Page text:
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A Comparison of Poverty in Seven European Countries and Regions Using Subjective and Relative Measures

Karel Van den Bosch, Tim Callan (), Jordi Estivill, Piette Hausman, Bruno Jeandidier (), Ruud Muffels () and John Yfantopoulos

Journal of Population Economics, 1993, vol. 6, issue 3, 235-59

Abstract: This paper presents comparative results on poverty in seven countries and regions of the European Community: Belgium, The Netherlands, Luxembourg, Lorraine, Ireland, Catalonia and Greece. The data are obtained from comparable socio-economic surveys in each country. Subjective as well as relative poverty lines are used. The results indicate that the subjective poverty lines are plausible in a comparative context, although the levels of the subjective standards are rather generous. The estimated equivalence scales are much flatter than the one recommended by the OECD. The extent of poverty is much greater in the "peripheral" EC-countries than in the "central" ones. Though similar factors are found to be associated with poverty in all countries, there are also important differences in the characteristics of the poor across countries. The impact of social security transfers on poverty appears to be much smaller in the southern countries, Greece and Catalonia, than in the Benelux and Lorraine. Coauthors are Tim Callan, Jordi Estivill, Pierre Hausman, Bruno Jeandidier, Ruud Muffels, and John Yfantopoulos.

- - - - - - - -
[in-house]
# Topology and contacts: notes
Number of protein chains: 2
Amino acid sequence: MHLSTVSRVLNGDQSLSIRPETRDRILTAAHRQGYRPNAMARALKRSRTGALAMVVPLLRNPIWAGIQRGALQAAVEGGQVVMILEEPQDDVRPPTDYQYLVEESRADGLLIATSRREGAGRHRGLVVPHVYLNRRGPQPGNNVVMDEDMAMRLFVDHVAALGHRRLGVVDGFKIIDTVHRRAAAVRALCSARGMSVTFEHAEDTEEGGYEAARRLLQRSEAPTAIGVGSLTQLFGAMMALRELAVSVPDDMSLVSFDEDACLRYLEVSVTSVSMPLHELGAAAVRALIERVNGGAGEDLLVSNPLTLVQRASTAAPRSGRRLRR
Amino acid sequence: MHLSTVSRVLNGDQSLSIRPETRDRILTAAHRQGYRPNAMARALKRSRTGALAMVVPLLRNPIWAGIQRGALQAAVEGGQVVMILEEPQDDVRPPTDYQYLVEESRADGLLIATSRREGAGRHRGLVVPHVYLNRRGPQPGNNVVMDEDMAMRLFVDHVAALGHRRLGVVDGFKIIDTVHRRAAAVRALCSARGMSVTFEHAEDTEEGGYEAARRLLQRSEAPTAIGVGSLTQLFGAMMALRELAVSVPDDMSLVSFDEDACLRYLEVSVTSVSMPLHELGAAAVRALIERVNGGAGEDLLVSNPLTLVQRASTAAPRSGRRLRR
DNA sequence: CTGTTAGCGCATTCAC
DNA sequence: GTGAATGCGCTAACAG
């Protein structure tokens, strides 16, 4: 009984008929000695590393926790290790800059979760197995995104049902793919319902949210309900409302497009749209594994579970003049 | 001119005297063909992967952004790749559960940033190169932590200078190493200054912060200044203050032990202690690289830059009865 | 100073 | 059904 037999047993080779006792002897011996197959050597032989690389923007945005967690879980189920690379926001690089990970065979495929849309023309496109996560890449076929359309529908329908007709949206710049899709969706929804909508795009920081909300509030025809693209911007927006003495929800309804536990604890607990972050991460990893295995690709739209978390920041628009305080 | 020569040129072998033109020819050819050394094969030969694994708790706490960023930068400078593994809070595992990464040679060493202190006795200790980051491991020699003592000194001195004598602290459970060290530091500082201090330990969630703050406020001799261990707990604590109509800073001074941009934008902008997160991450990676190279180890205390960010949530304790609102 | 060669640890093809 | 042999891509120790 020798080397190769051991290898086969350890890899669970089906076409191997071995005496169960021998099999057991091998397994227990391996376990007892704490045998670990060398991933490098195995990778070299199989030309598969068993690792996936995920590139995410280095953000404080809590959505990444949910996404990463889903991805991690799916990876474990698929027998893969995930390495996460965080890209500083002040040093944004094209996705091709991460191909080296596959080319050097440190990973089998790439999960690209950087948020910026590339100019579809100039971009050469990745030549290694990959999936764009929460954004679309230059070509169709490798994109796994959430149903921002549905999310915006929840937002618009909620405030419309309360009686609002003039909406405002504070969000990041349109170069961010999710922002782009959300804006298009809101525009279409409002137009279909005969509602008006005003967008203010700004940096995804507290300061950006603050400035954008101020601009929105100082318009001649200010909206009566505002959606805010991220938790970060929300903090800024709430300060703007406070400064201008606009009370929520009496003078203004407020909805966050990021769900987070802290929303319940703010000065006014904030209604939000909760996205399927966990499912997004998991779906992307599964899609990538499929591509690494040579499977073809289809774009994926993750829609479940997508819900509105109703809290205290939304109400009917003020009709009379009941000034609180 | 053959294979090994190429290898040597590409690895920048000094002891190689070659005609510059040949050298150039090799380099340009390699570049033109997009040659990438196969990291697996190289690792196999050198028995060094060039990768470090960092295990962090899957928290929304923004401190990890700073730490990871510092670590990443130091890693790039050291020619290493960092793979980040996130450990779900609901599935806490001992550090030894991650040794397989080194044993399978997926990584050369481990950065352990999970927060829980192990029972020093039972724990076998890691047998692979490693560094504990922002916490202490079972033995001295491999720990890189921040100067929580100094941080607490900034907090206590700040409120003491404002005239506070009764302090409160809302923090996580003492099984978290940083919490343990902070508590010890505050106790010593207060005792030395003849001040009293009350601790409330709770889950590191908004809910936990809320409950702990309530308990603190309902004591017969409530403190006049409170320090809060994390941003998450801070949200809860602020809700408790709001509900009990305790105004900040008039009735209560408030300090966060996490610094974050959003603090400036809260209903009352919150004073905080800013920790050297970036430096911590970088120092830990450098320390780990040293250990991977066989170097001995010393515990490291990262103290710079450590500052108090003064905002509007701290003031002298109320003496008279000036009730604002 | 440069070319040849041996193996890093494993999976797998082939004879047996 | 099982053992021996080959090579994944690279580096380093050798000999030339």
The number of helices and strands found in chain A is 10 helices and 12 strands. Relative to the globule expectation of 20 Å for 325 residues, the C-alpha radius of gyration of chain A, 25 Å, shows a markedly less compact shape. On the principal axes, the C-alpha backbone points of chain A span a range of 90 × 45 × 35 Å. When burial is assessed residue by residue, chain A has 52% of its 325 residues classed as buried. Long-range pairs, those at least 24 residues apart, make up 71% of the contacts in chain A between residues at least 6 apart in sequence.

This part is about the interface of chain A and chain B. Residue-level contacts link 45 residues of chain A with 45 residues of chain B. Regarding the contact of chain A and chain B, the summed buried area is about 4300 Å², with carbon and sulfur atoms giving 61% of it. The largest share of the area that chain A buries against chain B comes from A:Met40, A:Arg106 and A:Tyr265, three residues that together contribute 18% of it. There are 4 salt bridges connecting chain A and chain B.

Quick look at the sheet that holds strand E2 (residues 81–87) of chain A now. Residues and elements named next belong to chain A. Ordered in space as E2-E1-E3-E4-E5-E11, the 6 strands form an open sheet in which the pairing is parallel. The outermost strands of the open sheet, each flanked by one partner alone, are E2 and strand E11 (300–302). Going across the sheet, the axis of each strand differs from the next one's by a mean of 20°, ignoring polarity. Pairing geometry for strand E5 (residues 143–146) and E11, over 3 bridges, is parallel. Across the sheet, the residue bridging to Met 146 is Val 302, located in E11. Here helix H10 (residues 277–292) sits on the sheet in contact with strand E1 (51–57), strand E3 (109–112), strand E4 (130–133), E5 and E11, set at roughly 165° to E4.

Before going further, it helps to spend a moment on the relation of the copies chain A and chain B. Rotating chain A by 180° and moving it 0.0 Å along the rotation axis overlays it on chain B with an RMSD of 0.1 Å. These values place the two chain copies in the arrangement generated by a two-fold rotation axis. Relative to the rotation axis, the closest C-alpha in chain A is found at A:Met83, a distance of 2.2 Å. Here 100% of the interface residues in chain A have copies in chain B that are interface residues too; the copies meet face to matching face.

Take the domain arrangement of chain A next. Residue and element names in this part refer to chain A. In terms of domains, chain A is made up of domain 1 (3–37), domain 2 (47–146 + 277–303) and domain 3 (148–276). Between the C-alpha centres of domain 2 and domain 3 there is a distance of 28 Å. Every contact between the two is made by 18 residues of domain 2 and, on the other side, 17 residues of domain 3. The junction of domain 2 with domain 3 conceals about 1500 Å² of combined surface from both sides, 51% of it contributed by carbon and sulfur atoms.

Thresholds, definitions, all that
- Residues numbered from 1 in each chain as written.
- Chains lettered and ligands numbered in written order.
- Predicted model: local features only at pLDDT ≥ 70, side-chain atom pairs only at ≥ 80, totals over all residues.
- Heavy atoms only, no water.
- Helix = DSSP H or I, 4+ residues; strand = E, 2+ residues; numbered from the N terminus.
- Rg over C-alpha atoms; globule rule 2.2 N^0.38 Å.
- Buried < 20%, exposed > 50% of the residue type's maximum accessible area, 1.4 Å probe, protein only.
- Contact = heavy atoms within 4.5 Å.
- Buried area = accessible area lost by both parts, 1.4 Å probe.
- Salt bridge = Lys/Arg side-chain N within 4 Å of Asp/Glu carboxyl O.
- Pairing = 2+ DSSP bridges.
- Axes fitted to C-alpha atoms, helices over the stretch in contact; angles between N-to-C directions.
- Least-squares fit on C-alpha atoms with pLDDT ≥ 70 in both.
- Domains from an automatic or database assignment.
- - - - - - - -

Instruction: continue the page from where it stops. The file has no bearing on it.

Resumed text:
Date: 1993
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